Q: Is a tomato a fruit or a vegetable?
A: Both. Botanically, it’s a fruit but legally, it’s a vegetable. Legally? Yes, the U.S. Supreme Court in 1893 ruled that because a tomato is eaten during the course of a meal — and not for dessert — it could be classified as a vegetable and therefore could be subjected to import tariffs like other vegetables. (Fruit was exempt from tariffs.)
I’m not saying I’m better than you, but I do have 18 tomato plants growing in my garden. In raised beds. Come late June, I’ll be harvesting La Romas, Celebrities, Cherokee Purples, Brandywines (black and red), Mr. Stripeys, Pineapples, Sandul Mondovans, Champions, Sweet 100s, Early Girls, Better Boys, Big Boys and Yellow Pears. I wanted to plant a Mortgage Lifter too, because I liked the name, but my husband was leery of more heirlooms. They just aren’t as hardy.
Fifteen years ago, putting in my first summer garden, I wanted it all. In a 15-by-40-foot plot, I planted three kinds of summer squash, carrots, cucumbers, a couple of tomatoes, cantaloupe, eggplant (Japanese and regular), peppers, onions, garlic, four varieties of corn, green beans (French and Blue Lake) and herbs of every variety. In July, I picked vegetables by the basketful. It was impossible to keep up with the volume. Zucchini ballooned up to watermelon size; green beans became knobby and fibrous; corn developed kernels the size (and approximate texture) of marbles. The one thing — the only thing — in the garden that I kept up with was the tomatoes.
Today I am a wiser gardener. The garden we put in last month has only the tomatoes and a few support vegetables and herbs — eggplant to combine with tomatoes in pasta sauce, green beans for tomato-and-green-bean salad, poblano chiles for stuffing with tomatoes and goat cheese, and basil for all of the above.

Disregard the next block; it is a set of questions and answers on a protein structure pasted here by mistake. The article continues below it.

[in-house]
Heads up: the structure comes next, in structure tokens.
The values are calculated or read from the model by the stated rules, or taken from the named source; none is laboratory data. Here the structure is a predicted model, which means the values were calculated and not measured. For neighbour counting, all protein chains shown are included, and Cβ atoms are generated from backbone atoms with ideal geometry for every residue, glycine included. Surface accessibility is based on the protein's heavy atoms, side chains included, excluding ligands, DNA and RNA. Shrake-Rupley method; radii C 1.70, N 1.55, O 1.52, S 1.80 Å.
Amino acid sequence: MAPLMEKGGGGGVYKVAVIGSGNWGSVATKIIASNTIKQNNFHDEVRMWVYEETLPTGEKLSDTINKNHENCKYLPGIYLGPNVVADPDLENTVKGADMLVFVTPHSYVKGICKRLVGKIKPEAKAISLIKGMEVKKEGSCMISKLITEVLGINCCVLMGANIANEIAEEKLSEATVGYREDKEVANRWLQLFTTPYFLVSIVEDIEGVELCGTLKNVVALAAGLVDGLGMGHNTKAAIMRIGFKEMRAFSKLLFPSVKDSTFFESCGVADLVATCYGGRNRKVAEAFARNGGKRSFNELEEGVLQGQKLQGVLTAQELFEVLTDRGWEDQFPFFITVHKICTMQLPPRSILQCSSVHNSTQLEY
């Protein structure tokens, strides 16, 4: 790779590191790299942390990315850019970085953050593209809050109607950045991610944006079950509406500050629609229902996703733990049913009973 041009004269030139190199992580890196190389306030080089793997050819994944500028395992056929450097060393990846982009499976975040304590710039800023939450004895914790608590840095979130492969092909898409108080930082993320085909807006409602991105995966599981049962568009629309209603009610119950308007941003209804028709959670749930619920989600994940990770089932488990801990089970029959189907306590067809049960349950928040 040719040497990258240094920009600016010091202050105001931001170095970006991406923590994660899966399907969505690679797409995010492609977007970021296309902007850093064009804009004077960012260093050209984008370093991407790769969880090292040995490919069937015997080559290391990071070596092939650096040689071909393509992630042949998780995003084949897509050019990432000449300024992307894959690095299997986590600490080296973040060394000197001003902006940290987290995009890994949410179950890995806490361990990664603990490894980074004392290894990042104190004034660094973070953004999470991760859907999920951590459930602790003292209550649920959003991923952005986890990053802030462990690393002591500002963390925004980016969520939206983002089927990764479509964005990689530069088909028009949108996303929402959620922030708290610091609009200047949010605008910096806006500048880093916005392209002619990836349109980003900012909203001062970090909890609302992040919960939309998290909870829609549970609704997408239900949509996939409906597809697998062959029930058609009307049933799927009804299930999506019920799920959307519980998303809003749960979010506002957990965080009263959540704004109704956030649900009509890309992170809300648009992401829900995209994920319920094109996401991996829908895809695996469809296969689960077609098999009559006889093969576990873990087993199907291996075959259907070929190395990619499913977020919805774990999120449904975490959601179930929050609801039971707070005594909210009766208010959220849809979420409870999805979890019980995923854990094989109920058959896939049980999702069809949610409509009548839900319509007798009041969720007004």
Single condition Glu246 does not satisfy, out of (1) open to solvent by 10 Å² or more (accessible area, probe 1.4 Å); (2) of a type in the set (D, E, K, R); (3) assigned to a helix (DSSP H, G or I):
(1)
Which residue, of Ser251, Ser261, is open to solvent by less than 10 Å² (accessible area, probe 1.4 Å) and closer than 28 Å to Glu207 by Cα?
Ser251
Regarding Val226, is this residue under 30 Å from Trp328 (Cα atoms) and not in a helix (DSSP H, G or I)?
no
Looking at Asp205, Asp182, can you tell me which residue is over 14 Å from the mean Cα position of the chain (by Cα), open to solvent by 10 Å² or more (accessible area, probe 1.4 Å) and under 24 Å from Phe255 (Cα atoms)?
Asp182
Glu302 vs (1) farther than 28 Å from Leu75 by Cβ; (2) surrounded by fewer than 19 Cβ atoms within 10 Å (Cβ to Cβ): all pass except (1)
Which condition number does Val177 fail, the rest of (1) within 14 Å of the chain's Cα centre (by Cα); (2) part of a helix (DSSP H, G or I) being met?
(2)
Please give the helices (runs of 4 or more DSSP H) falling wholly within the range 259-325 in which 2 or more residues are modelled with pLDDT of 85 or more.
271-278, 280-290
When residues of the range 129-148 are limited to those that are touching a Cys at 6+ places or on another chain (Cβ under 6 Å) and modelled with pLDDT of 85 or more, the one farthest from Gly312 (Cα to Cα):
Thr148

If you don’t garden, it’s possible that you don’t really know an essential truth. While a squash is a squash whether you pick it or purchase it, a tomato 10 minutes off the vine is not the same foodstuff as a tomato you buy at Ralphs. The kind of tomatoes you buy at a farmers’ market, day-old, vine-ripened ones, are certainly better than the hard and tasteless gas-ripened kind you’re probably accustomed to. But a tomato still warm from the sun, the kind you can smell from across the room, one that’s sweet and juicy and bright red throughout, one whose leaves still smell like soil, whose stem still has green hairlike fuzz: That’s a tomato worth eating.
It would have been better to have planted your tomatoes in April (did I mention my 18 plants in raised boxes?), but it’s still possible to sow in time for a good August harvest. If you don’t have much garden space, go to any nursery and buy a “patio” variety that will be happy in a large pot. But if you have a yard, go to a good nursery like Burkard’s in Pasadena, which has dozens of varieties to choose from. Pick up a few of the standards (Celebrity, Sweet 100, anything with Boy or Girl in its name), but also try some heirlooms, varieties that were hybridized before growers sacrificed flavor for tougher skins and hardier plants. The flavors of the resulting tomatoes will vary subtly — some juicier and sweeter, others denser with more acid — but they are worth learning to judge and to appreciate. Look for seedlings that don’t have roots growing out of the pots, as they may be rootbound, which can stunt growth. When you get them home, dig some amendments into the soil (redwood compost, say), water the plants whenever they’re dry (but not before — every two to five days, depending on weather) and wait. You will be sorely tempted to pick your first tomato when it’s still a bit orange, but hold off until it’s really red, until its sugar and flavor are fully developed. You won’t be sorry.
It doesn’t much matter how you eat a real tomato. Chomp into it as you would an apple. Cut a bunch of them in half, drizzle on some olive oil, throw on a handful of chopped garlic and basil, roast them for an hour in a hot oven and toss them with pasta. Or pick a mess of cherry tomatoes (yellow and red together look nice) and toss them with a garlicky-basily balsamic vinaigrette: Then, just before you serve them, add crumbled chèvre and some thin slices of a La Brea Bakery baguette.
And if you’re lucky enough to have more tomatoes than you can use or give to friends, take your extras, slice them in half and put them cut side up on a cookie sheet in the oven at the lowest possible temperature. Leave them in all day (in a really slow oven about 10 hours), turning them occasionally. By evening you’ll have fabulous dried tomatoes that you can put in olive oil and store in the refrigerator for those dark months from October to June when fresh tomatoes just aren’t worth eating.